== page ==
Political society

Iran: Mahsa Amini’s death inflames a four-decade-old society

Iran is rocked by protests after the tragic death of Mahsa Amini. Since September 16, as news circulated of the tragic death of a 22-year-old girl in Tehran, once again the world learned about the troubled country through stories other than the usual. nuclear terrorism saga.

Mahsa was a victim of the brutal morality police in Tehran. She was from the Kurdish ethnic minority in the city of Saqqez in northwestern Iran. His name has made headlines across the world, with more than 8 million social media posts, and sparked a new wave of protests in three provinces and six cities so far.

Mahsa was arrested on September 13 and beaten by the regime’s morality police on the pretext of “mal-voile”. She fell into a coma for three days.

Mahsa may not have known that her life and death would ignite a fire under Iran’s brew of social anger. Iran has tens of millions of girls and women like Mahsa, who have been oppressed by the misogynistic regime and are living a life without a glimmer of hope. The mullahs’ regime murdered tens of thousands of dissidents in his dungeons and on the gallows over the past four decades.

His photo and name have been circulating widely on social media and have been the hottest trending topic in the world for the past few days. From international outlets to celebrities and artists, everyone expressed their support for Mahsa and all Iranian women.

Social networks were not the only place of protest. People quickly took to the streets and the demonstrations became a scene of confrontation between the population and the forces of the regime. Kian Derakhashan, a young protester, was shot and hundreds were injured.

The latest reports from Kurdistan, Tehran and Karaj indicate that people were chanting slogans against the entire regime and tearing down posters of the mullahs’ supreme leader Ali Khamenei and his eliminated terrorist mastermind Qassem Soleimani.

Iran, which has been the scene of eight major uprisings in recent years, suffers from a declining economy held back by monopolistic policies and systematic corruption, ailing infrastructure and well-paying jobs that go to privileged elites affiliated with the state.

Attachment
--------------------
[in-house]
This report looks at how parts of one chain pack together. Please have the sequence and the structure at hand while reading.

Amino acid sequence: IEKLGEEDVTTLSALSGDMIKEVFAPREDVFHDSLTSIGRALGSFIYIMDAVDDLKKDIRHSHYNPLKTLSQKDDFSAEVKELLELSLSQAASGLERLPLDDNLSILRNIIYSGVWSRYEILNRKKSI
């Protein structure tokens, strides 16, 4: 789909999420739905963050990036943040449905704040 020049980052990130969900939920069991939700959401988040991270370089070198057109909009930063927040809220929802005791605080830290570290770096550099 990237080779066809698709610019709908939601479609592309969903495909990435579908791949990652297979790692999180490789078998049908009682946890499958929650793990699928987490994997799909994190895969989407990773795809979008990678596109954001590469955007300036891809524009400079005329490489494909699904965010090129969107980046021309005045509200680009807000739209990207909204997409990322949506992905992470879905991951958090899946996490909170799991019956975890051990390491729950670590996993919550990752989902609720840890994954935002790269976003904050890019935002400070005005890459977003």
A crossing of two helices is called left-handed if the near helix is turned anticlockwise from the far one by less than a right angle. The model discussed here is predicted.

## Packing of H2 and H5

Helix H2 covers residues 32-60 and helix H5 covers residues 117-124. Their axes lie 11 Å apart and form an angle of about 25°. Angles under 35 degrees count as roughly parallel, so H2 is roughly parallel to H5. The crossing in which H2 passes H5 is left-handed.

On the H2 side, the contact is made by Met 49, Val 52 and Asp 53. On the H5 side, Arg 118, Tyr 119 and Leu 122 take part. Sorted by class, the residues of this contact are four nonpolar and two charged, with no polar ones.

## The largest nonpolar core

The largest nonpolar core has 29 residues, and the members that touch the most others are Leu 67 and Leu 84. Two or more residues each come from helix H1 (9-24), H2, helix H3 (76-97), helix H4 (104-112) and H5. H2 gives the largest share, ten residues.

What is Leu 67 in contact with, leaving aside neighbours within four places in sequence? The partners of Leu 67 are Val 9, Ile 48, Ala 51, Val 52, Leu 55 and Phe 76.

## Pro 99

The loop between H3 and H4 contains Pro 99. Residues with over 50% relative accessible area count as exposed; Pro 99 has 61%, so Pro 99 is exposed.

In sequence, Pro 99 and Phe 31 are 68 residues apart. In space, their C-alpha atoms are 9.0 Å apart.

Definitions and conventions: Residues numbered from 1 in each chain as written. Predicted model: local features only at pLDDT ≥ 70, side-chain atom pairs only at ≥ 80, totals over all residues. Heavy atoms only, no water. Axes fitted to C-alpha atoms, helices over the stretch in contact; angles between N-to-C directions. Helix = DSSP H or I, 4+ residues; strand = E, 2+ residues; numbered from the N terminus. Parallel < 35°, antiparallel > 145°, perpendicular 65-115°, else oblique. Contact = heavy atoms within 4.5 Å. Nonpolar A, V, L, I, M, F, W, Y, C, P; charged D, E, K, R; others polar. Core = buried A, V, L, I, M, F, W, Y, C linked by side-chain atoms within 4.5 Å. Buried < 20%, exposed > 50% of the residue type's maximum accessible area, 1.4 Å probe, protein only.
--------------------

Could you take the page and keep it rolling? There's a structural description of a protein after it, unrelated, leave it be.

In its latest reports, the regime’s Supreme National Defense University acknowledged that “three out of four Iranians are participating in protests.” After reviewing the recent major uprisings of 2018 and November 2019, he concluded that “with the continuing economic crisis and the sharp increase in the sense of injustice and inequality in society, if uprisings recur, nearly 75% of the population will participate in the protests.

“All of these factors have completely changed aspects of Iranian society, and with the two waves of protest in January 2018 and November 2019, the suspicion that Iranian society is on the verge of political collapse has grown stronger.”

The SNDU is not the only state-affiliated organization that has warned the regime. Iranian state media and officials’ speeches are peppered with warnings of societal instability.

“I am making an official announcement… we have come to the end of the road, which means that we are completely cut off from the people and the people have lost all hope in us. We have come to the very end. We are obliged to pass our measures by resorting to force,” Rasul Montajabniaa former senior official, warned on September 12.

Mahsa’s brutal murder is neither the first nor the last crime of the genocidal regime. Nor is the current wave of protests the first or last effort by the Iranian people to overthrow the regime. But society’s reaction to the murder of Mahsa Amini has shown that the nation’s rage against the entire ruling establishment runs much deeper than a temporary emotional act. It’s a four-decade frustration erupting, with any spark.